Are you around anxious people? 5 Tips to keep you balanced.
It is hard enough at times to keep ourselves lifted and happy, but how do we do this when others around us are anxious or stressed?
Anxiety and stress, just like laughing, can be contagious: if you are around someone, or worse still, many people, who are highly anxious then the chances are it will affect you. Your mood, attention span, focus, motivation and energies can all be affected.
But the good news is there are a few simple things that you can do to help greatly reduce the risk of becoming affected. And can even help to tip the balance of the energy in your favour so the others become happier, more content and balanced.
You know this: Try walking into a room where someone has just received bad news. No matter how great you feel your energies will shift as you will be affected by the low mood or atmosphere of the people there. And vice versa for entering a room full of laughing people when you are a bit low.
Here are my 5 top tips to keeping yourself balanced.
1. Remember it's not about you.
When people are stressed or anxious, they may go into a rant, a meltdown or even just go quiet and if they do, we might take this personally. So, for example, if they start to shout at us, we might believe that this person is annoyed at us and so we become annoyed. When you recognise that it has nothing to do with you and is a reflection of the state of mind they are in, then you can start to let this go.
You don't die from the snake bite you die from the poison.
The bite being the shouting and the poison being our overthinking after the event. It is the ruminating of ‘why they said that’ or ‘why they spoke to me like that’, and ‘what I will say to them’ that raises our stress levels. So recognise that the person is reacting to their own poison and this has nothing to do with you, so let it go.
2. Protect yourself from other people's energies.
We subconsciously pick up on other people's energy – think about someone you know who is a happiness hoover. You can protect yourself by visualising a colour either surrounding you or between you and that other person. You can also do it, and this is how I do it, by sending out a wave of love to that person. When I am with someone who is anxious, stressed low in any way, I fill myself with the feeling of love and I imagine that coming out of me. That feeling coming out of me will protect me from any negative feeling coming towards me as it acts as a block.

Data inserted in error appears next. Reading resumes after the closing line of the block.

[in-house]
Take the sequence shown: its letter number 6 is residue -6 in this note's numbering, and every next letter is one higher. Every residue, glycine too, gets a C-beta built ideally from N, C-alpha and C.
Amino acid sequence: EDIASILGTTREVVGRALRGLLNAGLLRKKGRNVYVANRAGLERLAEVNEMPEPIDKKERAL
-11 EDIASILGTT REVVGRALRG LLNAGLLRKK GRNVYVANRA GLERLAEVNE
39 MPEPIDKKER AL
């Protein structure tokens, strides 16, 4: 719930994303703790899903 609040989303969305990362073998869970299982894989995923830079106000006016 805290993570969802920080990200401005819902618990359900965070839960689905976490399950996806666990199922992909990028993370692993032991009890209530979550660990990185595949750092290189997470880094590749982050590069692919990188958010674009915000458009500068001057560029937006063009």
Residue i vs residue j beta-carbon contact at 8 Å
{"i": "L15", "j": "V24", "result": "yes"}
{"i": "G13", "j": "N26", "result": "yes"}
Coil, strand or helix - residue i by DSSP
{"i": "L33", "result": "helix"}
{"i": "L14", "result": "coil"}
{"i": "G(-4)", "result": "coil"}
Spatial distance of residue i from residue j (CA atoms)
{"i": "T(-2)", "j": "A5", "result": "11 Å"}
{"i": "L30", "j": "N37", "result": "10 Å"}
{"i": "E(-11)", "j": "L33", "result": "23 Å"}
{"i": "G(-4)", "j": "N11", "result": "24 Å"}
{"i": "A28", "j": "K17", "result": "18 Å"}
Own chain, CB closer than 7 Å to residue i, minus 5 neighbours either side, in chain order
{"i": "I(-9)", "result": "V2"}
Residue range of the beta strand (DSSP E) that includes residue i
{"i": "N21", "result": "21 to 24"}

3. Let the person have their say.
When someone is stressed or anxious, they will have replayed the scenario or the thought over and over in their minds, so by the time they see you, they will almost vomit the words all over you. This may come out like a rant, or it might come out like an attack on you but either way it has nothing to do with you. If you stand there, protect yourself and allow the person to say whatever it is that's been going round and round in their minds, this allows them to get it out.
Do not engage in the conversation. Simply stand there and listen and acknowledge them every now and again to let them know that you are listening. They just need to get this out of their system, and if they need you to talk to them, they will ask you.
4. Think about what feeds your soul.
If you are keeping your mind settled and thinking about things that you enjoy, that feed your soul then your energies will remain lifted. Those around you will subconsciously pick up on this energy (just like the example of walking into a room above) and in a very subtle way, you will help them to settle.
When you start to daydream a happy scenario with the person who is anxious they will subconsciously pick up on this. We experience this all the time – think of a time when you were just thinking of someone and then they called you. We are all connected energy and so we can create happiness for others by thinking about it. What we think about we bring about. So daydream the scenario and more importantly feel how you both feel in the daydream.
If you are finding it hard to cope with anxious or stressed family or colleagues, then call us on (++44) 07824337933 to see how we can help you further.
Dympna Hannon is a specialist in chronic pain and mental health recovery. Dympna has worked with hundreds of people helping them lead full, pain free and balanced lives. She understands that all pain is personal and her whole person approach to determine the cause means the pain can be addressed and cleared. Dympna is the founder of 'The Distraction Process', developed to help people control and change their thoughts and is used extensively in mental health recovery and moving on from long term chronic pain.Back To News